Charges brought against Ariel Sharon’s son

CHARGES have been brought against the son of Israeli prime minister Ariel Sharon over the funding of one of his father’s election campaigns in 1999.

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By  Tamara Walid Published  July 31, 2005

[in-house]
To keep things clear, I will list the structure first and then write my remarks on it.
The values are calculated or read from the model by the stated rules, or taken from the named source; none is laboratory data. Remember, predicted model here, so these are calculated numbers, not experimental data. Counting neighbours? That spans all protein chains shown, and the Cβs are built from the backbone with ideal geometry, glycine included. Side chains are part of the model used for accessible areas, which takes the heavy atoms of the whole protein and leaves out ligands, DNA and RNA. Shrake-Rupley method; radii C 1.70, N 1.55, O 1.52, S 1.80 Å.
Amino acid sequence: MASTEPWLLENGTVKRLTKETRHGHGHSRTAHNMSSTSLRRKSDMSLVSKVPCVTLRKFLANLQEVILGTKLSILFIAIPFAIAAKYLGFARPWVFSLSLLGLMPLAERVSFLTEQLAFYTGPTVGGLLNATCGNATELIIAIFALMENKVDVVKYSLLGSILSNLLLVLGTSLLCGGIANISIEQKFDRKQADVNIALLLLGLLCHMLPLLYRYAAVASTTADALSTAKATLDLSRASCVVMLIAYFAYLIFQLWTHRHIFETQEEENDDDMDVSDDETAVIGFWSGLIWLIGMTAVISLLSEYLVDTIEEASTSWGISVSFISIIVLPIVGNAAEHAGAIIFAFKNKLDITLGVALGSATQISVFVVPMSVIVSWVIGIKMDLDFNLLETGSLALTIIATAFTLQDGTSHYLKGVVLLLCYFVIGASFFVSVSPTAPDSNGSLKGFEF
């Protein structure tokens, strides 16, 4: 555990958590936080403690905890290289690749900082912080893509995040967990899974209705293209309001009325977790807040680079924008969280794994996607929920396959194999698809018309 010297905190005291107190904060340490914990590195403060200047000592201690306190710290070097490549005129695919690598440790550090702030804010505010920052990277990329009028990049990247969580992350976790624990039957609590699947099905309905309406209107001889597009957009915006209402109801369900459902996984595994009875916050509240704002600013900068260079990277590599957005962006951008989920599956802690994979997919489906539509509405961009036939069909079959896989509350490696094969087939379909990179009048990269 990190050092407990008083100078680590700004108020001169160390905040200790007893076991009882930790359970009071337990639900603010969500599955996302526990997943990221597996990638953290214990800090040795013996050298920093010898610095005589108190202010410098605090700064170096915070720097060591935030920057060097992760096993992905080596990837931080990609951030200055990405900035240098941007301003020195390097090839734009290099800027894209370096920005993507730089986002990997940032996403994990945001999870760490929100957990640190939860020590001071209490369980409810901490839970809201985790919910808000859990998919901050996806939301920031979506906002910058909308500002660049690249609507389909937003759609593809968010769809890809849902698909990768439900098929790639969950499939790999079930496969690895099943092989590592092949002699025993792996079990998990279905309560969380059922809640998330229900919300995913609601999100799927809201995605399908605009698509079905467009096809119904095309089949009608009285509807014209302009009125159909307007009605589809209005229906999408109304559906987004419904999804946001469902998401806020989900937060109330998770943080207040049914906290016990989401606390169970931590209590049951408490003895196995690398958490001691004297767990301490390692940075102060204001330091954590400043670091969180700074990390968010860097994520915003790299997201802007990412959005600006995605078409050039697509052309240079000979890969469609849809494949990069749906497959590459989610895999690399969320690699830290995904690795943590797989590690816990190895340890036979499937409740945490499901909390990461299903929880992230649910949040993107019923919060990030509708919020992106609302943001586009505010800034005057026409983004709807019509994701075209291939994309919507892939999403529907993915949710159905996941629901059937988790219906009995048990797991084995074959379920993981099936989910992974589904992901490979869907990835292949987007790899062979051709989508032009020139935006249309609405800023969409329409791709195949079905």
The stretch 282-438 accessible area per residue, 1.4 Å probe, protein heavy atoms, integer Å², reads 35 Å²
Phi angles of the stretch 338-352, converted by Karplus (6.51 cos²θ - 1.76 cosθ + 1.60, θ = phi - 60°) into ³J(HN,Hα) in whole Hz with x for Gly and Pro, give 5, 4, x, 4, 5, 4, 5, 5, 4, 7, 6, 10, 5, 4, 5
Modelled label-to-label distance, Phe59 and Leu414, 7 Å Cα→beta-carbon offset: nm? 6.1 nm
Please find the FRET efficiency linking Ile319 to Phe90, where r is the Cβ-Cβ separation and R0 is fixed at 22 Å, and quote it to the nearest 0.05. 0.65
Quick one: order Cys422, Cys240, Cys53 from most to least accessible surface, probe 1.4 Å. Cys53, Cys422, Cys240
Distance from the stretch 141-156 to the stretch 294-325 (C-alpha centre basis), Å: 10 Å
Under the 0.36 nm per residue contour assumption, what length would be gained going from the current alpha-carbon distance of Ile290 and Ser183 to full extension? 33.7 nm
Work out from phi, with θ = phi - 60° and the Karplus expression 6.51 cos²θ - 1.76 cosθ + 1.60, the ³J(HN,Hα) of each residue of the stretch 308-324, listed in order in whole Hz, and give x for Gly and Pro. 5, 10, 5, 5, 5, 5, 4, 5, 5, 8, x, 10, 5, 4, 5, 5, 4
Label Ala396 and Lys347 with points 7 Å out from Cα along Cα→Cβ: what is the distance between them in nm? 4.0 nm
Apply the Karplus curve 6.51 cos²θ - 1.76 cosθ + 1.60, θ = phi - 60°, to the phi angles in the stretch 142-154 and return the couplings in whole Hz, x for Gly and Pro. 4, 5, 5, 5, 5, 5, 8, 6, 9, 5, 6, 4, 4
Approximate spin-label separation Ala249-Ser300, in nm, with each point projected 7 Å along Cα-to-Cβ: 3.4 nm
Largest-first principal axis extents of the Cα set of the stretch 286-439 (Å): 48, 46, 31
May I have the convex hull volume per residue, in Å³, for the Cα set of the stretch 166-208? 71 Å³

CHARGES have been brought against the son of Israeli prime minister Ariel Sharon over the funding of one of his father’s election campaigns in 1999. Omri Sharon is accused of creating shell companies to conceal illegal donations. He has admitted overspending but questioned party funding limits — charges relate to Ariel Sharon’s successful campaign to lead the Likud Party and to be its candidate for prime minister. Sharon’s term as prime minister has been marred by multiple scandals over shady campaign financing and real estate deals, but the prime minister himself has so far escaped indictment. If found guilty, Omri Sharon faces up to five years in prison over charges of violating campaign finance laws, fraud, breach of trust and perjury. Ariel Sharon had always denied knowledge of the financing of his campaign, saying it was run exclusively by his son. Now a member of parliament, Omri Sharon says he will waive his immunity from prosecution and stand trial. Last week, Israel’s parliament, the Knesset, passed a law authorising the prosecution of its members (MKs) without having to request parliamentary immunity to be stripped. Attorney general Menachem Mazuz had been unable to push forward with the case because MKs were immune from prosecution. In his first public response to the allegations against him, quoted in the Jerusalem Post newspaper, Omri Sharon admitted he had overspent in his father’s primary campaign and was ready to receive his punishment. However, he added, the limitations on campaign contributions and spending according to the Political Parties Law, which was passed in 1992, were unrealistic and impossible to honour. “Experts say reasonable spending to run a campaign like the 1999 primaries is 10 times higher than the sum fixed by the law,” wrote Omri Sharon. “The law was therefore a decree the public could not fulfil.” He added that since the law was so unreasonable, he was certain it had never been enforced before. “I am the first person to be put on trial for breaking this law,” he said.

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